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    1. Hi, Joan, and thanks for taking the time to read and comment. I appreciate it. to answer your question, in a word, yes, I do believe Smith and I are in similar ideological camps but, given his public persona, he is less free to make known his political alliances as it could be detrimental to his career. And that’s sad. I don’t know if I’d go as far as to say Smith is a Republican, however, I think it is clear he is not a Democrat as, given this and other similar comments he’s made, if I had to “categorize” him, I would say he is an Independent.

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  2. Reblogged this on THE WATCHMAN MENTOR and commented:
    Stephen A. Smith Suggesting Blacks Vote Republican: Should not be just a suggestion, but rather seen as prophetic declaration of impending doom. Its our duty to vote Republican and to select wisely those conservatives that remain true to the principles that have made America Great; love for God, love for family, love for country and Love for the constitution. To do anything less would be proof to the world, that Negros, facing total destruction were indeed “Stupid.” Instead Let us say,in the spirit of Nehemiah as he labored to rebuild the walls of Jerusalem, in opposition to the enemies of the Jews: “set I in the lower places behind the wall, and on the higher places, I even set the people after their families with their swords, their spears, and their bows; said unto the nobles, and to the rulers, and to the rest of the people, be not afraid of them: remember the Lord, which is great and terrible, and fight for your brethren, your sons, and your daughters, your wives, and your houses.” (Nehemiah 4:13-14)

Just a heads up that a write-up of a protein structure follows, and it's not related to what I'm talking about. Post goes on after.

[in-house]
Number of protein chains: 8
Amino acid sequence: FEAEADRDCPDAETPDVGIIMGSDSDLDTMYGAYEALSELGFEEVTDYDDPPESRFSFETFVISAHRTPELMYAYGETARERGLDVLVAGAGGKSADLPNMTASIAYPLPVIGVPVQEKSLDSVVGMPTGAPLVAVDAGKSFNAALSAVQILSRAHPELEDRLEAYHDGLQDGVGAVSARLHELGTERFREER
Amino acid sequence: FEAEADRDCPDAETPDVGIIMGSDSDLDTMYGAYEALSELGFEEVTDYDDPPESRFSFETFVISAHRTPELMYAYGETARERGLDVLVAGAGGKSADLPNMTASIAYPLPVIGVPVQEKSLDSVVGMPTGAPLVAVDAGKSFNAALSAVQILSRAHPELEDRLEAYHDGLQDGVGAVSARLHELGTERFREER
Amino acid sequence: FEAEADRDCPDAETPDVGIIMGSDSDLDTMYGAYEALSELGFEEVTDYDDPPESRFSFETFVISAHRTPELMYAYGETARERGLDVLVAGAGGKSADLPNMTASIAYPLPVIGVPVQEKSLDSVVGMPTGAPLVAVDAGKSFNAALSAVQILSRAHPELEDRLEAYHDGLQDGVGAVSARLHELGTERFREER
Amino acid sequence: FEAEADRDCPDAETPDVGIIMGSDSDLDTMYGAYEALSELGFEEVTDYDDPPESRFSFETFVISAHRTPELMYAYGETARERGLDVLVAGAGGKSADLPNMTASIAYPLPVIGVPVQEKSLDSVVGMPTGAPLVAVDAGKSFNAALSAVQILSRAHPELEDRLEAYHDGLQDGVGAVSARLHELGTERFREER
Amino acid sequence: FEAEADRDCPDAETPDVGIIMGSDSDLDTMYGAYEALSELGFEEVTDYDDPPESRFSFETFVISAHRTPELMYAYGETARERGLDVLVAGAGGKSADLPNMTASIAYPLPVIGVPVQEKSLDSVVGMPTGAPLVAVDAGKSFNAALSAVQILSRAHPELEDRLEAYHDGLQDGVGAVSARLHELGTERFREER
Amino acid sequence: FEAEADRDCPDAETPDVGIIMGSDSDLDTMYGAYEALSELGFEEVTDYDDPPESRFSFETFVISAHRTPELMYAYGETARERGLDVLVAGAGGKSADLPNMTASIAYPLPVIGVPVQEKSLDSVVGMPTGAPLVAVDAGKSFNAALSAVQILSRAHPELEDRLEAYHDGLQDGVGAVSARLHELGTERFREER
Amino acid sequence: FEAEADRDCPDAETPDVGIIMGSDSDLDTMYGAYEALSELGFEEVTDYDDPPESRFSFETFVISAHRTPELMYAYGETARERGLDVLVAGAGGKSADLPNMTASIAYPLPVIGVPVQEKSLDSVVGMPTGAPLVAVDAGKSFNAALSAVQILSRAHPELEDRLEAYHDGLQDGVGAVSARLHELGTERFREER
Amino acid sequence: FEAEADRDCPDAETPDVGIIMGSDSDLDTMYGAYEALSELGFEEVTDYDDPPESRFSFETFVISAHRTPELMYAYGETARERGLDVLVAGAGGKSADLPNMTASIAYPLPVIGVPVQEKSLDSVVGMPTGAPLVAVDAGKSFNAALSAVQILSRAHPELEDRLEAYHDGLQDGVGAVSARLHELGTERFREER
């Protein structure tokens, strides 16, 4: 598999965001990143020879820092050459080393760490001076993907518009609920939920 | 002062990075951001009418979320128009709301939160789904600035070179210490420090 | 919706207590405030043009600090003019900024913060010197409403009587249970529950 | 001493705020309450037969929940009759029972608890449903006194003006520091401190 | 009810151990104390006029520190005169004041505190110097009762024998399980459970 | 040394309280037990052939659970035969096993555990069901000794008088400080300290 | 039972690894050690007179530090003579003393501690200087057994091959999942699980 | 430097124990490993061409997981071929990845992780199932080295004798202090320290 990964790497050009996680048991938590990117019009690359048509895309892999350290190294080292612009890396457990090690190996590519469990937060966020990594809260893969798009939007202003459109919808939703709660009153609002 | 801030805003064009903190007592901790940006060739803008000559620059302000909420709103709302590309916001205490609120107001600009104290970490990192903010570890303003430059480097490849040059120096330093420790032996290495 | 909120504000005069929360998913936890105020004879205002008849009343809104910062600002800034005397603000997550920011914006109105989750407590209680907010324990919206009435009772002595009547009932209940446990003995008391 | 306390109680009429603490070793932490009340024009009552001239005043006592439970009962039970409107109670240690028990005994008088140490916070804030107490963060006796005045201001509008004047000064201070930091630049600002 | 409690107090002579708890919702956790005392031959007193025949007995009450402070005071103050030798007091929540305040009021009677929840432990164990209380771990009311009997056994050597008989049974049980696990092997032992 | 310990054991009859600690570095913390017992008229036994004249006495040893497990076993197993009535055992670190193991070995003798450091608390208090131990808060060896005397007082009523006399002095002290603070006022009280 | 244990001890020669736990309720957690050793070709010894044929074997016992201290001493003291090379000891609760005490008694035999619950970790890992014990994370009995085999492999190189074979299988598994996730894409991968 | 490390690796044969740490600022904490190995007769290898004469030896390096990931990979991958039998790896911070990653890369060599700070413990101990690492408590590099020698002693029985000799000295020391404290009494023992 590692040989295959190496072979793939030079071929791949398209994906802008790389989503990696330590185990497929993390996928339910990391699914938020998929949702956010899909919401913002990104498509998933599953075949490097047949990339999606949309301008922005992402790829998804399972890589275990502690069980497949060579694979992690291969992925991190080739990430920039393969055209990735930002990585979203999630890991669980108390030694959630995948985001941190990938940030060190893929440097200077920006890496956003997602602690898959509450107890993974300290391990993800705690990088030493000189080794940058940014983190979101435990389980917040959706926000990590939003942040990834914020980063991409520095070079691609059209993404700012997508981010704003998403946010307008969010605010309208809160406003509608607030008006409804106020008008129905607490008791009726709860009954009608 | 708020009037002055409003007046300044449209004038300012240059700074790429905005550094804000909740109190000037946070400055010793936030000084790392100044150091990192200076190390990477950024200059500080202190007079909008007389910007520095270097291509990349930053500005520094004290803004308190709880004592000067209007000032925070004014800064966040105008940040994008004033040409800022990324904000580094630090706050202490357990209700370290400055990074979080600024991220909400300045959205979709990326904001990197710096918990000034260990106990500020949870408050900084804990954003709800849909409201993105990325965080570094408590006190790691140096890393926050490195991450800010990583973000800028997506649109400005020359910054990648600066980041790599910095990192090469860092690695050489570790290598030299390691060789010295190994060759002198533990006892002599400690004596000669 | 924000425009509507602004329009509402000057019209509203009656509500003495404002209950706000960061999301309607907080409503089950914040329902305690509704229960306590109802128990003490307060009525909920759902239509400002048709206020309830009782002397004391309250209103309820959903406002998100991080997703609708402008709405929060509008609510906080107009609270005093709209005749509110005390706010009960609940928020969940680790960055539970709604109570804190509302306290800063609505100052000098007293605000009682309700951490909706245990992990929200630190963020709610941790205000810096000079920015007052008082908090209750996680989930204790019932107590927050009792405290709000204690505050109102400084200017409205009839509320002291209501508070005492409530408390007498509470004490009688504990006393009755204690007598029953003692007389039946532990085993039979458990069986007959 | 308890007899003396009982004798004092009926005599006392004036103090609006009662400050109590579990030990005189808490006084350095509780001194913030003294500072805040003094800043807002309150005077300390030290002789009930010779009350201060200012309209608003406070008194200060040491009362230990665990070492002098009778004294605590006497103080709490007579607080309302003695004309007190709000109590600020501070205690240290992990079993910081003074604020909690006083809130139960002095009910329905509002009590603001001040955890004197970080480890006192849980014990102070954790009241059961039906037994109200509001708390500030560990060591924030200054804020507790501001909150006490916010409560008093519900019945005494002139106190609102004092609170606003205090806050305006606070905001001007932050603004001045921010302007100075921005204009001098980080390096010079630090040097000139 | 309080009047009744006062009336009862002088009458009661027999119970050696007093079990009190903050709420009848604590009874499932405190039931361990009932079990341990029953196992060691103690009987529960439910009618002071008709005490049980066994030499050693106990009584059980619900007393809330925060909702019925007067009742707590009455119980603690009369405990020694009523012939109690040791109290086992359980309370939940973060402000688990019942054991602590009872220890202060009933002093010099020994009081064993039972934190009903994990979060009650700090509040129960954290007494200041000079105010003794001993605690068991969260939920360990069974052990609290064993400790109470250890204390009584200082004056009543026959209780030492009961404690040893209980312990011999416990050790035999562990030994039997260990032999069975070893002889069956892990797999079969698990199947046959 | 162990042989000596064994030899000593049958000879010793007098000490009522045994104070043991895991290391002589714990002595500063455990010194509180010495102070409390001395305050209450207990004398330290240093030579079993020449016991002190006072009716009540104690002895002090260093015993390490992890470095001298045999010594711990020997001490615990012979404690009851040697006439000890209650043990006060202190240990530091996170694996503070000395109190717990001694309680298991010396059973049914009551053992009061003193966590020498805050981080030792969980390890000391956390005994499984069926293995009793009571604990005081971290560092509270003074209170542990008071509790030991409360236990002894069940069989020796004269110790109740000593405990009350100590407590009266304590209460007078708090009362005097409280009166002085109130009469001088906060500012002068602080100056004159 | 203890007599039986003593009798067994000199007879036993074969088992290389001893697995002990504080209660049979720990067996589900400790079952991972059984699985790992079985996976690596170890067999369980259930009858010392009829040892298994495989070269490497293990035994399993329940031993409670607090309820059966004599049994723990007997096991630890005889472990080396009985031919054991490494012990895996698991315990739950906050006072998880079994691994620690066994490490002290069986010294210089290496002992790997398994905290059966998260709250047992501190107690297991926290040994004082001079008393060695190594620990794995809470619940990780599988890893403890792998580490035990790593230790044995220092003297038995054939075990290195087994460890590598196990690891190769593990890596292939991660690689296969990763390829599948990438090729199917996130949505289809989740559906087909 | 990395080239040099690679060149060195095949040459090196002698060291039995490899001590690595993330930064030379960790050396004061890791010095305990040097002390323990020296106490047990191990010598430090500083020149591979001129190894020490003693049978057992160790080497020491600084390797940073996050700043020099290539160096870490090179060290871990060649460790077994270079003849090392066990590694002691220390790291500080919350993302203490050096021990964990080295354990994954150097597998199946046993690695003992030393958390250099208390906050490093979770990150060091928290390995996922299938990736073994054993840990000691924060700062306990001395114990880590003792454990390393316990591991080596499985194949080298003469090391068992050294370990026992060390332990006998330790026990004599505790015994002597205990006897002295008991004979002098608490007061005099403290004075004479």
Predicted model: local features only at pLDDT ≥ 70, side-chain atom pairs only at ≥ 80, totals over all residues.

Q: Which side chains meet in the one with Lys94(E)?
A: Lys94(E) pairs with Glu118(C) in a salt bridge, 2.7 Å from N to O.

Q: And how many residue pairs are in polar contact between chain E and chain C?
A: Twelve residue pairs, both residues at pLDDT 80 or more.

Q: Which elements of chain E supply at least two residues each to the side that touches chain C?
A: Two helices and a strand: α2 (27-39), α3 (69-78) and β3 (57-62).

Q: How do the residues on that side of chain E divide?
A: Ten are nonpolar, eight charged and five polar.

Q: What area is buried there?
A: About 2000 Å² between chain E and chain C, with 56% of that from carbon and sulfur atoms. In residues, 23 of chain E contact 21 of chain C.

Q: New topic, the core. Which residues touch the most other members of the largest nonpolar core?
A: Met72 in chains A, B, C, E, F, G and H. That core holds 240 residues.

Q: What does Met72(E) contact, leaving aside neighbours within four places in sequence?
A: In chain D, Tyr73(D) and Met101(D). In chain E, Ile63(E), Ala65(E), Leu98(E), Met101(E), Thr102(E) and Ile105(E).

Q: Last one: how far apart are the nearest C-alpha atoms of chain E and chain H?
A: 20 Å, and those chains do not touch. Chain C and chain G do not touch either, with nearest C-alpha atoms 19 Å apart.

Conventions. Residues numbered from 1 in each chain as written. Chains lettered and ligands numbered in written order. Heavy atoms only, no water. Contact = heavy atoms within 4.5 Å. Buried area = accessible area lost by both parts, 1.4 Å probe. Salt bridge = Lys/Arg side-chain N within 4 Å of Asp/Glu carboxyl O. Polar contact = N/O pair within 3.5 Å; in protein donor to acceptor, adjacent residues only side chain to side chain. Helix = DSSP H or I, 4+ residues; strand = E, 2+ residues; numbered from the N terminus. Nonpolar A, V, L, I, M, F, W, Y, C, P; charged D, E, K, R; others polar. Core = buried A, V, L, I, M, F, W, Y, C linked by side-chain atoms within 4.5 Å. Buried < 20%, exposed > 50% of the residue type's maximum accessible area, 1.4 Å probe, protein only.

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  3. Stephen A. Smith Suggesting Blacks Vote Republican: Should not be just a suggestion, but rather seen as prophetic declaration of impending doom. Its our duty to vote Republican and to select wisely those conservatives that remain true to the principles that have made America Great; love for God, love for family, love for country and Love for the constitution. To do anything less would be proof to the world, that Negros, facing total destruction were indeed “Stupid.” Instead Let us say,in the spirit of Nehemiah as he labored to rebuild the walls of Jerusalem, in opposition to the enemies of the Jews: “set I in the lower places behind the wall, and on the higher places, I even set the people after their families with their swords, their spears, and their bows; said unto the nobles, and to the rulers, and to the rest of the people, be not afraid of them: remember the Lord, which is great and terrible, and fight for your brethren, your sons, and your daughters, your wives, and your houses.” (Nehemiah 4:13-14)